SIDNEY – Shelby County’s COVID-19 case rate is the highest its been since mid-February.
In the past two weeks, Shelby County has reported 125.5 cases of COVID-19 per 100,000 residents, which is up from the 82.3 cases per 100,000 residents it reported last week. This is the first time Shelby County has reported more than 125 cases per 100,000 residents since Feb. 11.
Ohio’s COVID-19 case rate is 155.6 cases per 100,000 residents, which is down from the 185.8 cases per 100,000 residents the state reported last week.
In total, Shelby County has reported 4,648 cases of COVID-19 with 152 hospitalizations and 93 deaths during the pandemic. Two new hospitalizations and one new death were reported since last week.
There are 4,443 Shelby County residents who are presumed to have recovered from COVID-19, and there are 112 active cases – up from the 101 active cases that were reported last week.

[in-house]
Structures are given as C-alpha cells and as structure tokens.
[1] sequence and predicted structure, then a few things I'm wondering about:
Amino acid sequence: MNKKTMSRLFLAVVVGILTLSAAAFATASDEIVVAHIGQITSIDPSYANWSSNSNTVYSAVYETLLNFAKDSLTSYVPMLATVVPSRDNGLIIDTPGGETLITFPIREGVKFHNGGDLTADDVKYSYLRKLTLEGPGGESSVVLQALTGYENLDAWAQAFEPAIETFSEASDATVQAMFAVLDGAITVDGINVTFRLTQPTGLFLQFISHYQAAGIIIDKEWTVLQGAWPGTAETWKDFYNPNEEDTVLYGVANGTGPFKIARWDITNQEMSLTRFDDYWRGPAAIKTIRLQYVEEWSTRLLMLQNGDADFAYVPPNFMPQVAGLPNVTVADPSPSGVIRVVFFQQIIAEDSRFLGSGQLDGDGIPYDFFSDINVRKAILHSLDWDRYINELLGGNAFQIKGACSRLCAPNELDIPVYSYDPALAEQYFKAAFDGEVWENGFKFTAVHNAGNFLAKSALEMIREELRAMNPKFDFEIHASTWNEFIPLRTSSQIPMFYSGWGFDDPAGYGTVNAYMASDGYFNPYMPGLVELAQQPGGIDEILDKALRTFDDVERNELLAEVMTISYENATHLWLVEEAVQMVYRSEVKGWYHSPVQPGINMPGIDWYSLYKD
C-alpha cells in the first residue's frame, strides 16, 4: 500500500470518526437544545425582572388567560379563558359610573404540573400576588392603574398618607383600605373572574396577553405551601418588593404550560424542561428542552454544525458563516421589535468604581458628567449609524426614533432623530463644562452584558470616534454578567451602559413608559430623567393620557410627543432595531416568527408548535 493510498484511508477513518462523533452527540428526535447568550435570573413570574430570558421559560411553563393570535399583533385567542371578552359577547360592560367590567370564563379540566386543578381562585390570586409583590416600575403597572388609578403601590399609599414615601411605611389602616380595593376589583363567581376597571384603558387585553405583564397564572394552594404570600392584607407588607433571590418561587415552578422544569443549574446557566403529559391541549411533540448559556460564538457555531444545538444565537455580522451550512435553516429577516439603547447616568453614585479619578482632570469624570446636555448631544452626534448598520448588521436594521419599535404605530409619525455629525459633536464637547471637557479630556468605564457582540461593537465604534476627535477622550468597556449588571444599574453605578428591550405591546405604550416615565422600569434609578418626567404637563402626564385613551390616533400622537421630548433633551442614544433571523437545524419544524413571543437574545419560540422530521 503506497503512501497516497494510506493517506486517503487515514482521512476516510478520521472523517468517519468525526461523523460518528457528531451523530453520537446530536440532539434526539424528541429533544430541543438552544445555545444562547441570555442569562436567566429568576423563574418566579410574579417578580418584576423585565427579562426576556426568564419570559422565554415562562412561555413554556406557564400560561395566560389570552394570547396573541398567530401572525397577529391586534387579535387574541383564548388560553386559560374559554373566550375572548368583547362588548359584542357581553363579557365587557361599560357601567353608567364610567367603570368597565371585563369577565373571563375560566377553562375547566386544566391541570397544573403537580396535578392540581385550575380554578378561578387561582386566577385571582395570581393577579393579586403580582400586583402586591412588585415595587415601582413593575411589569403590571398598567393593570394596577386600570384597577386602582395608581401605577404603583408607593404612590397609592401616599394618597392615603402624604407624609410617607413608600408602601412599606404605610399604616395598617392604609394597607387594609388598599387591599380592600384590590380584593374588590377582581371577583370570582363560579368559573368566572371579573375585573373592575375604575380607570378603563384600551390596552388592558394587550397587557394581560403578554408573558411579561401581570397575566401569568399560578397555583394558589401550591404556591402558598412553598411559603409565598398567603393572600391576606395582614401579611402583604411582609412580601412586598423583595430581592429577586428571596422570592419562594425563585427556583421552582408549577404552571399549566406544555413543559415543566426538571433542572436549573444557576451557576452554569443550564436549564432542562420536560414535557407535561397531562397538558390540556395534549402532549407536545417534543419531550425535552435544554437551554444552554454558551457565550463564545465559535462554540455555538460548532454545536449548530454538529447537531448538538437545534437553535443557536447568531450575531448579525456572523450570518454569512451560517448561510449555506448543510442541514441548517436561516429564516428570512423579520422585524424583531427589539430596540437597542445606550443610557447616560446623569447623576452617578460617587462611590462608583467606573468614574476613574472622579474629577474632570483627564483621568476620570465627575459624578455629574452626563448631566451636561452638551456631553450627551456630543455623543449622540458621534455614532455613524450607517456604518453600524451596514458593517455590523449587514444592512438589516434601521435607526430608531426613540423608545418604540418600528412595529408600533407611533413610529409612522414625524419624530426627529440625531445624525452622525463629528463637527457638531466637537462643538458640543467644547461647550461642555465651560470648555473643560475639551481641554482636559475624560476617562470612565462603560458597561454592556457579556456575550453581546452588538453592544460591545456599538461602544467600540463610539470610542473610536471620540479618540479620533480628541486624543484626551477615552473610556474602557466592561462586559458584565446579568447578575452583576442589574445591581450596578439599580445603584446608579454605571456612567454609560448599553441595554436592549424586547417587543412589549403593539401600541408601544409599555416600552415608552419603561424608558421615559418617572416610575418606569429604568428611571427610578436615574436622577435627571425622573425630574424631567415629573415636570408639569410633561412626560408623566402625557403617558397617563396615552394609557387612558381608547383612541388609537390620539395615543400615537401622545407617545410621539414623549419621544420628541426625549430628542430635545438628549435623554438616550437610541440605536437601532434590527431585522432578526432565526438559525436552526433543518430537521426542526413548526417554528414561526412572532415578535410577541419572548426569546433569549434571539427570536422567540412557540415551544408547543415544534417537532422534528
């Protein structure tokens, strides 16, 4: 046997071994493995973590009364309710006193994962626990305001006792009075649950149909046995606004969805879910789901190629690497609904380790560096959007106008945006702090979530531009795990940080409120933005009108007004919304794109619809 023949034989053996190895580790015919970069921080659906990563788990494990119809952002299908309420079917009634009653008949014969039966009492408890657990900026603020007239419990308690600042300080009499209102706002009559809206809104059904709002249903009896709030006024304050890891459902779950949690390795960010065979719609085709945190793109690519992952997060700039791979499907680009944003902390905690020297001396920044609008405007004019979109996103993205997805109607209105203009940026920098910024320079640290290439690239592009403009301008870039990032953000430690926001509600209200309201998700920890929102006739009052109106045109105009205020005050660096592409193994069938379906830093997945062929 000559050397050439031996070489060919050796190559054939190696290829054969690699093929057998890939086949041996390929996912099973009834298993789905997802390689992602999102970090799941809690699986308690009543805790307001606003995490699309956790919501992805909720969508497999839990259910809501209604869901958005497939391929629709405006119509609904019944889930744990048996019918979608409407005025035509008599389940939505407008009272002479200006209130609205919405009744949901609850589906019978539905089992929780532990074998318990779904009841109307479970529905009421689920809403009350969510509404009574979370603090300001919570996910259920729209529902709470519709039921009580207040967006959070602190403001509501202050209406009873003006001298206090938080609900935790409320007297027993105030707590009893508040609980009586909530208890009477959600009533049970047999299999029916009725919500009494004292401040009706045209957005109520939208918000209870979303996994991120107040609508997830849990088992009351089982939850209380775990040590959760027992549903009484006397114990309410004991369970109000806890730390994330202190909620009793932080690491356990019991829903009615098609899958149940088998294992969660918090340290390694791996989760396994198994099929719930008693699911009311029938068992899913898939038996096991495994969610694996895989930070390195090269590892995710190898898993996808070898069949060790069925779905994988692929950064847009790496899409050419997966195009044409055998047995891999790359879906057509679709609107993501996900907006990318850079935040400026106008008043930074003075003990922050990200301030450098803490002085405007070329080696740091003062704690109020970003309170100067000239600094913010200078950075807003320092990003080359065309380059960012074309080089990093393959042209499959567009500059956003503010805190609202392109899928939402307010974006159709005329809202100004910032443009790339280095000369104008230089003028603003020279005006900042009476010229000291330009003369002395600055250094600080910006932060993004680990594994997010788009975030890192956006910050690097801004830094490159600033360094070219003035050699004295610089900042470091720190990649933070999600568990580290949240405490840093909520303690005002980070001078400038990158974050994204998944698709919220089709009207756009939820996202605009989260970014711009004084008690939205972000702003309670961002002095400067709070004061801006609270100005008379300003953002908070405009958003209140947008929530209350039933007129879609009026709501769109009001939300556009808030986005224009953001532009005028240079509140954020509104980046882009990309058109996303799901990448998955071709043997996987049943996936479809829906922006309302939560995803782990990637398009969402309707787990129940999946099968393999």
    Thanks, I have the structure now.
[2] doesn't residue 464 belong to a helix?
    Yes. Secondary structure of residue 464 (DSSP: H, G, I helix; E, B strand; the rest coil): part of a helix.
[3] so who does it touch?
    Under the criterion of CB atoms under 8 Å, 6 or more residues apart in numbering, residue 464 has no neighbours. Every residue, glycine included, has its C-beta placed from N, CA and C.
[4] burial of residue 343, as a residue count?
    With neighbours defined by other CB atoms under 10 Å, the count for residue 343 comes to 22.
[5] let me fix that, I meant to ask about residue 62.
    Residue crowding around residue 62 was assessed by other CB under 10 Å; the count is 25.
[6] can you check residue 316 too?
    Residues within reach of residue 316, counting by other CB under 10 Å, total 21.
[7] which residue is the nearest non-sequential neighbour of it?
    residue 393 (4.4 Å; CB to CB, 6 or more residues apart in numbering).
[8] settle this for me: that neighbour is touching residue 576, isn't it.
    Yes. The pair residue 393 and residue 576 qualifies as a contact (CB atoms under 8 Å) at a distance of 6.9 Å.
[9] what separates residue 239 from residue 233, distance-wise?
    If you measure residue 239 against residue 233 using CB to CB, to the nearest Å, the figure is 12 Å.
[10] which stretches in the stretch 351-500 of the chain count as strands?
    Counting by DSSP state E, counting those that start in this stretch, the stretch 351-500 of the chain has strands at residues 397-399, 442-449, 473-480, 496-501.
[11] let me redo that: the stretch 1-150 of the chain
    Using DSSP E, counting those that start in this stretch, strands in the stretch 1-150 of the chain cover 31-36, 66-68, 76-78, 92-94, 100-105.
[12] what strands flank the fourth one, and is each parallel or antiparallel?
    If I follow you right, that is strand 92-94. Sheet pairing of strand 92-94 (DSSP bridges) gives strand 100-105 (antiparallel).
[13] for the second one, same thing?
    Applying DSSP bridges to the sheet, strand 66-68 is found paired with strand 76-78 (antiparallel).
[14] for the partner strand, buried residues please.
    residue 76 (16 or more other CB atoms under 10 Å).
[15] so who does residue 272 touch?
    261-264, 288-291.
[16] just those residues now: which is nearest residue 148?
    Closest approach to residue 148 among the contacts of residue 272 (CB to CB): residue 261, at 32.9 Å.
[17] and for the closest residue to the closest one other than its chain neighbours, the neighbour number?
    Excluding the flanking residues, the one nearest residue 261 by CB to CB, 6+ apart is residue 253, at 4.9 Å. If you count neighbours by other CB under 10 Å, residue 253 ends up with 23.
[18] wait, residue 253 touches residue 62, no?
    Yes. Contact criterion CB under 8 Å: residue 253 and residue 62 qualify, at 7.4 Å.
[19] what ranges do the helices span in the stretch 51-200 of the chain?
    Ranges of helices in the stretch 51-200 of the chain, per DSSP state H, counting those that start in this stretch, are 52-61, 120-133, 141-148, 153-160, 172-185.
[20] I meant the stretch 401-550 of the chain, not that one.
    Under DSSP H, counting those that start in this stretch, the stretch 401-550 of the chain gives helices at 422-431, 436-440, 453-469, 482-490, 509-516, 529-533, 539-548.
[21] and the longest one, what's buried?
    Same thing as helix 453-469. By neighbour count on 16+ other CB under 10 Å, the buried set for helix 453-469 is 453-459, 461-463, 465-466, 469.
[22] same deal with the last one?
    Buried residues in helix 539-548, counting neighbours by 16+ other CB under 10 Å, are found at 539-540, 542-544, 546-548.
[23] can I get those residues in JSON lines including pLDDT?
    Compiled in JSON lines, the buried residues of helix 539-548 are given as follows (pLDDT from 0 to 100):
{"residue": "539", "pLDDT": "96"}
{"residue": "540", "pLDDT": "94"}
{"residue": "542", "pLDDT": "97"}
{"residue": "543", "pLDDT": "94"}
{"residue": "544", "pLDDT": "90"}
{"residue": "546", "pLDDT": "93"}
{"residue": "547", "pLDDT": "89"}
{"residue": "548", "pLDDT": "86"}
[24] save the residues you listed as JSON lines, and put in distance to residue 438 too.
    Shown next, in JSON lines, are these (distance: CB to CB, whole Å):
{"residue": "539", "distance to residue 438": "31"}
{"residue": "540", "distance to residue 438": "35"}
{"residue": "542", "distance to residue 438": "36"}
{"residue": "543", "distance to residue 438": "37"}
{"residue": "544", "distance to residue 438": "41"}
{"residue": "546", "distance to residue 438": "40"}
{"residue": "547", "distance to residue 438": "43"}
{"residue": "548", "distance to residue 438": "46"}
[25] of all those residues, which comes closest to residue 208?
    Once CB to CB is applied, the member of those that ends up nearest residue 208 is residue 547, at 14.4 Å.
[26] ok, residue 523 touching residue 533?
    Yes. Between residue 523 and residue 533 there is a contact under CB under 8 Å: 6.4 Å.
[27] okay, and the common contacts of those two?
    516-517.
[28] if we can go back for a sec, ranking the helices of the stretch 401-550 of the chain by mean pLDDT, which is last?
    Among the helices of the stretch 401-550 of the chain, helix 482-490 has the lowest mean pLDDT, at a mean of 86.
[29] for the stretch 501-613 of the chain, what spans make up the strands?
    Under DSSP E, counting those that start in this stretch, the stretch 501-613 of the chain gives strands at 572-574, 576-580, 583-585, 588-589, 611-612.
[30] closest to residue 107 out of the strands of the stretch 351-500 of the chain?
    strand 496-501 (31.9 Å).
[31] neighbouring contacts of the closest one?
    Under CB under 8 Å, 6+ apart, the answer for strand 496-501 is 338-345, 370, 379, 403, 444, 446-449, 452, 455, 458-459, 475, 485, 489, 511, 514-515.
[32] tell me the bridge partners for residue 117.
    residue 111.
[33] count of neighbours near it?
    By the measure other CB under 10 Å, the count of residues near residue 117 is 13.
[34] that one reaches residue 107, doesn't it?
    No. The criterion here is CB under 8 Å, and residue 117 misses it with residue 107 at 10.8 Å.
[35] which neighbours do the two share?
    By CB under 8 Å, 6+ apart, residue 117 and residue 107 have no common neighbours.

Throughout Ohio there have been 1,070,771 cases of COVID-19 with 56,272 hospitalizations, 7,772 intensive care admissions and 19,188 resident deaths.
Ohio had 1,786 new cases of COVID-19 reported in the previous 24 hours, which is up from the 21-day average of 1,770 cases.
Hospitalizations are up with 127 reported in the previous 24 hours compared to the 21-day average of 116, and intensive care admissions are down with 12 reported in the previous 24 hours compared to the 21-day average of 13.
In Shelby County, 12,254 people have started or completed COVID-19 vaccinations, which is 25.22% of the population and up 254 people since last week. Statewide, 4,658,250 people have been vaccinated, which is 39.85% of the population. All Americans 16 and older are eligible for vaccination.
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